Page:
In the case of Shri Bhim Singh v The State of Jammu & Kashmir, the petitioner, Shri Bhim Singh was deprived of his legal rights. He was illegally arrested and detained, therefore preventing him from attending the assembly session and thus, depriving him of his constitutional rights. This has also resulted in the gross violation of the fundamental right to personal liberty, freedom, and life with dignity under Article 20 and Article 21 of the Indian Constitution. The petitioner has also stated that he was not produced before a Magistrate within a requisite period, thus violating Section 56 and Section 76 of the Code of Criminal Procedure, 1973. He also stated that he was detained for more than 24 hours, therefore infringing his legal rights.
As a result of the damages caused by the respondents to the petitioner, the Honourable Supreme Court directed the State of Jammu & Kashmir, the first respondent, to pay Rs. 50,000/- to the petitioner, Shri Bhim Singh as monetary compensation.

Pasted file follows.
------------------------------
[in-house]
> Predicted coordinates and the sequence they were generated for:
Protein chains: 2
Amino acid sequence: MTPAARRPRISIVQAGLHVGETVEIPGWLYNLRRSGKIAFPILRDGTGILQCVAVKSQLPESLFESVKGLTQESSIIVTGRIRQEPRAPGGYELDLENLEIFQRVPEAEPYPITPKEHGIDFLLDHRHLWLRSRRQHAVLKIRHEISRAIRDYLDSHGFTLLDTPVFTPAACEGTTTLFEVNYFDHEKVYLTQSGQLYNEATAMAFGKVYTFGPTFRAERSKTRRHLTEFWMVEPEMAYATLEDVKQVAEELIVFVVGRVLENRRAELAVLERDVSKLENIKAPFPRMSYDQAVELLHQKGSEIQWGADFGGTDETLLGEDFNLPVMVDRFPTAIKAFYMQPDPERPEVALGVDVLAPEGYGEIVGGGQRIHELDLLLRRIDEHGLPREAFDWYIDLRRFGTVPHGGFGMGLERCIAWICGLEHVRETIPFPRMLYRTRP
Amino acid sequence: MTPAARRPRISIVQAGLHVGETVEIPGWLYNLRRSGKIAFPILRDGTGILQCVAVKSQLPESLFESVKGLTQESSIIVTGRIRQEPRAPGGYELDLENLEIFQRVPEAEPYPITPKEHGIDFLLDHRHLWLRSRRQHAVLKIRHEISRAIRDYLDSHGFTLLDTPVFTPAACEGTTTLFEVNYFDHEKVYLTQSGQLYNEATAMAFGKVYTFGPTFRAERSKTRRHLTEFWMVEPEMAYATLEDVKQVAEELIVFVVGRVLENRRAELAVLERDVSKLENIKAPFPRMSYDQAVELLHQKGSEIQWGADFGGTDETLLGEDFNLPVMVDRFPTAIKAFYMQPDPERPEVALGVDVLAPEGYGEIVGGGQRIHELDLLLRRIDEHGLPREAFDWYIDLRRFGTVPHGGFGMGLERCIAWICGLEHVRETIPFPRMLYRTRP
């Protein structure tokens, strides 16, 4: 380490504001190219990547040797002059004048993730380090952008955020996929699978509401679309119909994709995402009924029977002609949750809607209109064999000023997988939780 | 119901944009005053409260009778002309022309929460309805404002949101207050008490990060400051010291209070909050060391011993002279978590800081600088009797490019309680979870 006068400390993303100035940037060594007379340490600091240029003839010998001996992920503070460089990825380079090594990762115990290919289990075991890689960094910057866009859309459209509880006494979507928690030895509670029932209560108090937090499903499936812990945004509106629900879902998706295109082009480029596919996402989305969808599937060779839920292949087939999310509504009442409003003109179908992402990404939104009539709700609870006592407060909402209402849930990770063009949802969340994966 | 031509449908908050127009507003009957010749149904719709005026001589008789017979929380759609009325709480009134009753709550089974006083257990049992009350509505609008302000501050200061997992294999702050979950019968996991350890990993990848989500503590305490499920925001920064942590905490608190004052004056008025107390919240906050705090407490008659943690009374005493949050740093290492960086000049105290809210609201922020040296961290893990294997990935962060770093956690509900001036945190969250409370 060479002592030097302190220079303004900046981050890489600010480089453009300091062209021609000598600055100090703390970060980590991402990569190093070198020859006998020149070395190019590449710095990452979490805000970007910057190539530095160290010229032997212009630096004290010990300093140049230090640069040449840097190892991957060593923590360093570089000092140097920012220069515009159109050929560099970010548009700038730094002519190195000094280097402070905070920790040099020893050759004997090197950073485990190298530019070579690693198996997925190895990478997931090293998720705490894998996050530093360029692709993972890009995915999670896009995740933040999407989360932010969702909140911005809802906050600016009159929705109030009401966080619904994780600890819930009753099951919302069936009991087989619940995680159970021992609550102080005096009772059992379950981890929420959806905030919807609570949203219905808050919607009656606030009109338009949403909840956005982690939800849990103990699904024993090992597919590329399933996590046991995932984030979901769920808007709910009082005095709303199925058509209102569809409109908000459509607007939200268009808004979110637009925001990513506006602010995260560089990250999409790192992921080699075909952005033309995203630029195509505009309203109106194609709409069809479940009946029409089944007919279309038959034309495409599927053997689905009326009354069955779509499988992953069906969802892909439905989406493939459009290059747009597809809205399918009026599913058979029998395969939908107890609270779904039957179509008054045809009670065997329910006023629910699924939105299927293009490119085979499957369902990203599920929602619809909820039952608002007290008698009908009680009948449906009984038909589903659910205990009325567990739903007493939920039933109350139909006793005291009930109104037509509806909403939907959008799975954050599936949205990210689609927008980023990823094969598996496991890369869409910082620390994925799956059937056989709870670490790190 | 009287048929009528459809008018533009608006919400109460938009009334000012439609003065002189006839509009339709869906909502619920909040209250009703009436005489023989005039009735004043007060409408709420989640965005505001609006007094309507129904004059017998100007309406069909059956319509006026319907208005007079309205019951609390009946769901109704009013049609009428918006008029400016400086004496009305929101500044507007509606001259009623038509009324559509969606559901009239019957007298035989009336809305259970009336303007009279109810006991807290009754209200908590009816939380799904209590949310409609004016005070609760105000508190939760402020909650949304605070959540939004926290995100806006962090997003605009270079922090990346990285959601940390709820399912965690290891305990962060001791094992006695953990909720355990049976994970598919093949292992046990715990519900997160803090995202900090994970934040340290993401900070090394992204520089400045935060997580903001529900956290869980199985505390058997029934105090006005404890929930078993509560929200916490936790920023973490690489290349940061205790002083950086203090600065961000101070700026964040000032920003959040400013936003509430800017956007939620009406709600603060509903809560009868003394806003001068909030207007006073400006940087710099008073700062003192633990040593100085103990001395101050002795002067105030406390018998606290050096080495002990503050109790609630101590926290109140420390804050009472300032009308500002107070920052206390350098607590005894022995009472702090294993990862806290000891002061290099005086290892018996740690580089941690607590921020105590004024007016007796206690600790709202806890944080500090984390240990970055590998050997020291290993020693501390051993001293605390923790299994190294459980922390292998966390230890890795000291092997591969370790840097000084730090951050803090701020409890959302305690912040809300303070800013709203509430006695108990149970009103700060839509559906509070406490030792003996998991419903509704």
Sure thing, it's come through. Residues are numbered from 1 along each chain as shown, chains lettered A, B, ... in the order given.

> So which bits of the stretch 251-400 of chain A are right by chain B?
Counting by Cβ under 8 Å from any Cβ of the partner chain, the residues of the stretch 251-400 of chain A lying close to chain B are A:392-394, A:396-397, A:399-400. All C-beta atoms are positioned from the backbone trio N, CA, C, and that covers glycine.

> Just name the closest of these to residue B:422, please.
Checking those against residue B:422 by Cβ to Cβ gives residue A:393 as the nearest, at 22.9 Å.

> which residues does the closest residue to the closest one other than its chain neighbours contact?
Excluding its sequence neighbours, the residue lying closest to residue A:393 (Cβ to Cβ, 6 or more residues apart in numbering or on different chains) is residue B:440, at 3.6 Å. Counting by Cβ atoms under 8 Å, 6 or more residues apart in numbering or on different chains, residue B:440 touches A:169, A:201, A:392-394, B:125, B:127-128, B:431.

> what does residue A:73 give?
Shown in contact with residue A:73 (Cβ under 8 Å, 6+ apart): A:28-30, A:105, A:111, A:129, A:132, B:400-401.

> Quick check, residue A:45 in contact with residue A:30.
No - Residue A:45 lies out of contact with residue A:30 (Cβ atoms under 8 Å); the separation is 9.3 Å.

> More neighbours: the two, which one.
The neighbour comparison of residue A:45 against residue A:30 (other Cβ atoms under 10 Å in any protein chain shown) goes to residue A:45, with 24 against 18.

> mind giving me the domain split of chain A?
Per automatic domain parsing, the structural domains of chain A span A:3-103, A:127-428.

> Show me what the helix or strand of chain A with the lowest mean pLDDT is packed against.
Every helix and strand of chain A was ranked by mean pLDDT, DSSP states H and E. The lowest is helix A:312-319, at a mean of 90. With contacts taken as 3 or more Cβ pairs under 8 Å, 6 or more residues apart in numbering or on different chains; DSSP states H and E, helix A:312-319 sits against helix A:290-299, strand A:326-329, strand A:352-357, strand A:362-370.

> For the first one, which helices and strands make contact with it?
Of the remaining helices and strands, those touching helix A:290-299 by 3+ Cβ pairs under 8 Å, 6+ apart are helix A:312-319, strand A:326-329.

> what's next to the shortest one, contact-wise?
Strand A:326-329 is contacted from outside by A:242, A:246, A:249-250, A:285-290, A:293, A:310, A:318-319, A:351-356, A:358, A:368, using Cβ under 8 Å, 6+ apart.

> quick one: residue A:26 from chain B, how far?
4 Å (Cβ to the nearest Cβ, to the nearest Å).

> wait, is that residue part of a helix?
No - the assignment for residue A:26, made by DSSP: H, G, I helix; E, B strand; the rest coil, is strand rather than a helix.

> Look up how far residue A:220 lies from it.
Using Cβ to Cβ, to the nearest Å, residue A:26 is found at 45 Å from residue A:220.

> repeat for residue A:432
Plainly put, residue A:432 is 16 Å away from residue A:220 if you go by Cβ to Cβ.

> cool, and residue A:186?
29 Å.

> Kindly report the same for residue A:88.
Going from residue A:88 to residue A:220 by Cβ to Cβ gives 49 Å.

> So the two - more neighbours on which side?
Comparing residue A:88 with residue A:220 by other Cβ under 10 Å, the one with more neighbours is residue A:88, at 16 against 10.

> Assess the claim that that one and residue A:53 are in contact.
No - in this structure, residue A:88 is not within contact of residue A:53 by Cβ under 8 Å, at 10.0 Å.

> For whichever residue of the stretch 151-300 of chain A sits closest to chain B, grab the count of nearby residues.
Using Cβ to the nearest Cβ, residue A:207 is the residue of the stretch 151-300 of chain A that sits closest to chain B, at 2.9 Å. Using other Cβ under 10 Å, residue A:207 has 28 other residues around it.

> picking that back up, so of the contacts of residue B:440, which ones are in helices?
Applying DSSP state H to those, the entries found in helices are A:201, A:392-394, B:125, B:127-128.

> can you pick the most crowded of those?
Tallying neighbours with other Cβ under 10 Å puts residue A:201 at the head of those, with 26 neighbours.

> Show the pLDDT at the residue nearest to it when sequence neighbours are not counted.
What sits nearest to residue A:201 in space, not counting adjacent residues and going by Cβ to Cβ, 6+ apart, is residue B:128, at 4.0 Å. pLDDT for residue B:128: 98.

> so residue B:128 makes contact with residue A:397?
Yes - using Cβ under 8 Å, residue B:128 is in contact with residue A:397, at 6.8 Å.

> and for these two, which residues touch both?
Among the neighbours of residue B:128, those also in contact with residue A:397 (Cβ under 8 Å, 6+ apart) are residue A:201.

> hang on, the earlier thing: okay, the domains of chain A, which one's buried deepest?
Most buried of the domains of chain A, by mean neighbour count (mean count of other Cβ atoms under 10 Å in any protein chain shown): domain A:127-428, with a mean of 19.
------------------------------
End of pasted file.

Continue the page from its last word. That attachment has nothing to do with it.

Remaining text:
False imprisonment is a common-law misdemeanor and a tort and it is one of the most severe forms of human rights violations that occur when a person intentionally restricts another person’s movement within any area without legal authority, justification, or the restrained person’s permission. False imprisonment is composed of four ingredients which are:
– Complete deprivation of personal liberty
– Knowledge of restraint
– Presence of bad intention
– Unlawful act
The case of Shri Bhim Singh v State of Jammu & Kashmir covers all of the above ingredients and even brings to light various illegal detentions by the police officers. There were certain fundamental rights provided by the constitution which were grossly violated in this case.